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7 of 7 people found the following review helpful
5.0 out of 5 stars Marvelous non-fiction book, 23 Aug. 2003
By A Customer
This is my personal n° 1 book of the year 2003 and a real masterpiece. Not only does the author give us insight into the various historical and political backgrounds against which the various and innumerable local weights and measures of the Ancien Régime were replaced by "one measure and one weight" (and how long it took before most countries of the world, except the U.S.A. of course, adopted this new set of weights and measures). We also learn that the attempt of the French scientists Delambre and Méchain to determine the exact lenght of the metre gave the world one of the best examples of why "science is error" and the book therefor is also an introduction to modern scientific concepts such as "uncertainty" and "indeterminism".
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3 of 3 people found the following review helpful
5.0 out of 5 stars A passion for precision, 21 Mar. 2004
By 
Stephen A. Haines (Ottawa, Ontario Canada) - See all my reviews
(HALL OF FAME REVIEWER)    (REAL NAME)   
Except for Australia, the metric system remains a mystique for the English-speaking world. It's "foreign" or "the screws don't fit" or some other phrase that distances it from what is still referred to as the "English" form of measurement. Yet, as every other nation knows, nearly every nation uses it, including the rest of the Western Hemisphere. Ken Alder, pandering to American prejudices has subtitled this book in a way designed to lure pro- and anti-metric readers alike. Both will find comfort here, depending on what is sought in its pages. That, alone, is testimony to the diligence he's used in relating the creation of the metre and the science surrounding it.
Alder's task was formidable. He presents the personalities of the two prime figures that performed the Herculean task of measurement. The two men were similar in some ways, wildly divergent in others. Using Paris as a base, Delambre and Mechain struck out to measure, in effect, the diameter of the Earth to establish a piece of it as the basis for the new standard of measurement - the metre. Alder places his figures and their mission firmly within their total environment. Setting out under a royal commission, they are overtaken by the French Revolution. Part of the background of that upheaval was the Enlightenment - the age in which traditions were questioned and new ideas about the world and the universe were proposed. From this distance of time, everything appears to have fallen into place. Alder, however, shows that not only were answers only being teased from Nature, it was becoming obvious that many necessary questions had yet to be asked.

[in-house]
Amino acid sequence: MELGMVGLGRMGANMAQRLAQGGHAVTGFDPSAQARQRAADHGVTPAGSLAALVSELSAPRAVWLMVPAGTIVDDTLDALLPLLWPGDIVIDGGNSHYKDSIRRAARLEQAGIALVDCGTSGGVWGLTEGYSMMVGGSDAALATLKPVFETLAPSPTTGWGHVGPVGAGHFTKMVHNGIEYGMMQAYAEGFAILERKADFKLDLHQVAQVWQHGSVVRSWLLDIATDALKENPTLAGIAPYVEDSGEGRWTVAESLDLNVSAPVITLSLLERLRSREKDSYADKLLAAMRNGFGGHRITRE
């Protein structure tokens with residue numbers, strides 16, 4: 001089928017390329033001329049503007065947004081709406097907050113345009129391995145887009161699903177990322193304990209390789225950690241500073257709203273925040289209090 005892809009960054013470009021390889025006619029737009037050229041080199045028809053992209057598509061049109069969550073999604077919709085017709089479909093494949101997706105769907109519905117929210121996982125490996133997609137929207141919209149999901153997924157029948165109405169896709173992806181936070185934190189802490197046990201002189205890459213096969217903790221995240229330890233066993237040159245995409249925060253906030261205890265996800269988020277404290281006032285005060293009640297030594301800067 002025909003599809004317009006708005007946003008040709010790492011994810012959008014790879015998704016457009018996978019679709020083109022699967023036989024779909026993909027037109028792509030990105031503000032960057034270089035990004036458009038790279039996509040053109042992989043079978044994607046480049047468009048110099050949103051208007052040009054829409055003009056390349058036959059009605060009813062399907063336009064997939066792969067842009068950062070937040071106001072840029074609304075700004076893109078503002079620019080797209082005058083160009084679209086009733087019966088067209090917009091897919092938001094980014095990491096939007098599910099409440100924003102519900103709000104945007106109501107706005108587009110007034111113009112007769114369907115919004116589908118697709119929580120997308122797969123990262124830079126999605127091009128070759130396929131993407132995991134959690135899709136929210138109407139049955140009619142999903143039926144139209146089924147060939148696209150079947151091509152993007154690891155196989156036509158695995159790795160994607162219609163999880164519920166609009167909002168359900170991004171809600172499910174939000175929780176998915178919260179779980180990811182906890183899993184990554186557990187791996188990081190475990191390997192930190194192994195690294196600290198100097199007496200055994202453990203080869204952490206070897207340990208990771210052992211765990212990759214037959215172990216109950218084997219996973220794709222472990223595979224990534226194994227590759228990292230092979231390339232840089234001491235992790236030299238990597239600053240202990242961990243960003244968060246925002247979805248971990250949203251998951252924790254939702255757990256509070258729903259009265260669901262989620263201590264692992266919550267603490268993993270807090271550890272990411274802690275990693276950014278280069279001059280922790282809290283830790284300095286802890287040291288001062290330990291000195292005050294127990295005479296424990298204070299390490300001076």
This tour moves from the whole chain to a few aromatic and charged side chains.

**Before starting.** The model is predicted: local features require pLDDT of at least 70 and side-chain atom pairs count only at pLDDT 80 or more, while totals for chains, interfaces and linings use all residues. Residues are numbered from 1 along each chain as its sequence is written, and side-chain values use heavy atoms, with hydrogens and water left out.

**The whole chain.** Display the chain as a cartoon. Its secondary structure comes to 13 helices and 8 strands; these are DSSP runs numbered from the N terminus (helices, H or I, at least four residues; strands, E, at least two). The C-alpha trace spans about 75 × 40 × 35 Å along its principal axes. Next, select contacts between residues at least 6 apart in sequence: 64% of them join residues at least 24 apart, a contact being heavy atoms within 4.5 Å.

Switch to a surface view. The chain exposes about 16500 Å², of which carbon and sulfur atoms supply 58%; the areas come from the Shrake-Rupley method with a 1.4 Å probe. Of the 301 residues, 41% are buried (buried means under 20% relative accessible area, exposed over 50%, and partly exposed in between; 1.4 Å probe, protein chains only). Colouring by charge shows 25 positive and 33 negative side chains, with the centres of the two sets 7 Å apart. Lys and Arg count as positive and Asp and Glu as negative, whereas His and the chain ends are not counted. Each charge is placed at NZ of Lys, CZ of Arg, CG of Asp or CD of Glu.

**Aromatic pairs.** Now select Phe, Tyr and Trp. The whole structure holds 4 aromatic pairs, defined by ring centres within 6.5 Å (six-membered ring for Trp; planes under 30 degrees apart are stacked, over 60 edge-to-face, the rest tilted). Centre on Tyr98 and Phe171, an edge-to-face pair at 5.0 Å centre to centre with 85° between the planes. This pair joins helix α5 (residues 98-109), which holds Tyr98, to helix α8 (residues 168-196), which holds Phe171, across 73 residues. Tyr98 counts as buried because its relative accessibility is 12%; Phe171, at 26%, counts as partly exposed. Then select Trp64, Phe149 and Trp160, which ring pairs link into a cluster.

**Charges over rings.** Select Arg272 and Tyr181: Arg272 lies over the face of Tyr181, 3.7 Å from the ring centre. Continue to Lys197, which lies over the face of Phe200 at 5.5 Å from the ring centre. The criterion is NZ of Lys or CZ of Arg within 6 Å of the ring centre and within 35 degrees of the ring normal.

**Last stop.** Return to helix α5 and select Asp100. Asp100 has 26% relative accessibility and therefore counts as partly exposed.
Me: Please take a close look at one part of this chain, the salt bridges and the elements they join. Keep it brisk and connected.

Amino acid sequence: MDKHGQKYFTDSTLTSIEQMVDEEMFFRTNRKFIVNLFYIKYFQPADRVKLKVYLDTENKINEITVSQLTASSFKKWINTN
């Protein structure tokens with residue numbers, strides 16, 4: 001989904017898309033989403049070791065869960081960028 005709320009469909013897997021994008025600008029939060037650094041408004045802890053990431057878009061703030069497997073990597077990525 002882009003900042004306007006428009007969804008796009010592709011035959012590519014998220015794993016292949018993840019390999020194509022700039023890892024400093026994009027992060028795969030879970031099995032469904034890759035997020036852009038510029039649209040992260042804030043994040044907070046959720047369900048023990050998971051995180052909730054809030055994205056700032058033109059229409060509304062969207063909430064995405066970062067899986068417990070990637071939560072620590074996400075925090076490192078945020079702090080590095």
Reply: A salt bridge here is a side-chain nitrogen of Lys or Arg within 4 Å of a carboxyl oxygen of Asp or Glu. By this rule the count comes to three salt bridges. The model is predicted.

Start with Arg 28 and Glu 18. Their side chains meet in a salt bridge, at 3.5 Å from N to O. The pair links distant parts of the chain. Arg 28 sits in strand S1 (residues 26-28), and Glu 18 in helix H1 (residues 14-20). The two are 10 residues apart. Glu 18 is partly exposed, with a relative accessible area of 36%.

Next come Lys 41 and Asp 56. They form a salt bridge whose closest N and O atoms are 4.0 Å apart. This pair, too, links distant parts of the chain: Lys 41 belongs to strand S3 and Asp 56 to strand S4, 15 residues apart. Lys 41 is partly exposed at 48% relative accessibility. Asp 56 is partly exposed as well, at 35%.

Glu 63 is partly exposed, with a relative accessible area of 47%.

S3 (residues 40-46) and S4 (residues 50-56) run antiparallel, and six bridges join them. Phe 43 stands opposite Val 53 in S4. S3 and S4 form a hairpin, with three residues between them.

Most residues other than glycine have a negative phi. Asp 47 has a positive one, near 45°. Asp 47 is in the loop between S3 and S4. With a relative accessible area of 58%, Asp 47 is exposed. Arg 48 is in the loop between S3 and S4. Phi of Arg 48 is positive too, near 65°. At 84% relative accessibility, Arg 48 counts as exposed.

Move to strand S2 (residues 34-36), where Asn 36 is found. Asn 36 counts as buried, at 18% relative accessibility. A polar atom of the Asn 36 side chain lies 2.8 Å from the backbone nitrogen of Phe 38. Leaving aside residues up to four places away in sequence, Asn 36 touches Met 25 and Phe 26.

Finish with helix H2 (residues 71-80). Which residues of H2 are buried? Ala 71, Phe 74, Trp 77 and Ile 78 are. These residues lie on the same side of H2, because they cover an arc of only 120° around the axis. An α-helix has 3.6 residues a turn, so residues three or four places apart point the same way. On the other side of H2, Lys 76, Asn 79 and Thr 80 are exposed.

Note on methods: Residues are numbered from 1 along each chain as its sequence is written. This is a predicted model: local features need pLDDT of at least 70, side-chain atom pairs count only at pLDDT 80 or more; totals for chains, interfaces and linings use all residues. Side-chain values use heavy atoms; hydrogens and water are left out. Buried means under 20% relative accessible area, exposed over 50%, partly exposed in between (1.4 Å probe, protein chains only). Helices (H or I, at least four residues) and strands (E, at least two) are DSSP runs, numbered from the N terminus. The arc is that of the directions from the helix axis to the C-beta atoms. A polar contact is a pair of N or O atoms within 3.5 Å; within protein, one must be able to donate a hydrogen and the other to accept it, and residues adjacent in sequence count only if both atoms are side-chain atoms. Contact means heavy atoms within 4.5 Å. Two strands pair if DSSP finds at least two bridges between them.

With a clever narrative style, he portrays the mentally tortured Mechain in agonies over what appears to be an insurmountable error - irreconcilable readings of latitude even after the most careful surveys. He keeps the true secret - a far more fundamental error than poor equipment or bad methodology - until late in the book. Through the story, however, Alder explains the views of the Enlightenment scientists - which he calls "savants", a term rarely used these days - and their struggles to establish and maintain what we now call "the scientific method". Do the research, then do it again. Confirm, repeat, verify, seek endorsement from others. Science, in a word, is an arduous task, not to be undertaken lightly nor performed inattentively. Alder does science a great service in his descriptions. While perfection, precision and accuracy are terms easily bandied about, Alder takes the time and trouble to explain their true meanings and why we must use them carefully. And accurately.
Many will grouse about Alder's pedantic style, but he demonstrates that this work goes far beyond the correctness of the platinum bar locked away in a Parisian vault. Science is important and more people need to recognize that fact. Alder points out that the success of the metre was not a scientific achievement, but a political one. As governments recovering from the Napoleonic Empire regained hegemony, they recognized the efficiency of centralised forms of administration. With the metre carefully established, the Low Countries, Italy, Spain and the colonies of them all adopted the metric system as a vast improvement over the chaos of the ancien regime.
Alder is far too clever to launch a promotion on why America should move to metric. He knows his countrymen, and cites some of the arguments used against the standard. He notes the Ohio legislator that condemned metric without mentioning that it was Ohio that once considered changing the value of pi to the whole number 3 and is now entertaining the irrational concept of "intelligent design" creationism. No matter how carefully he shields it, he presents the adoption of metric globally as a vivid message. Only America, among the world's leading nations, stands alone in a resistance without reason.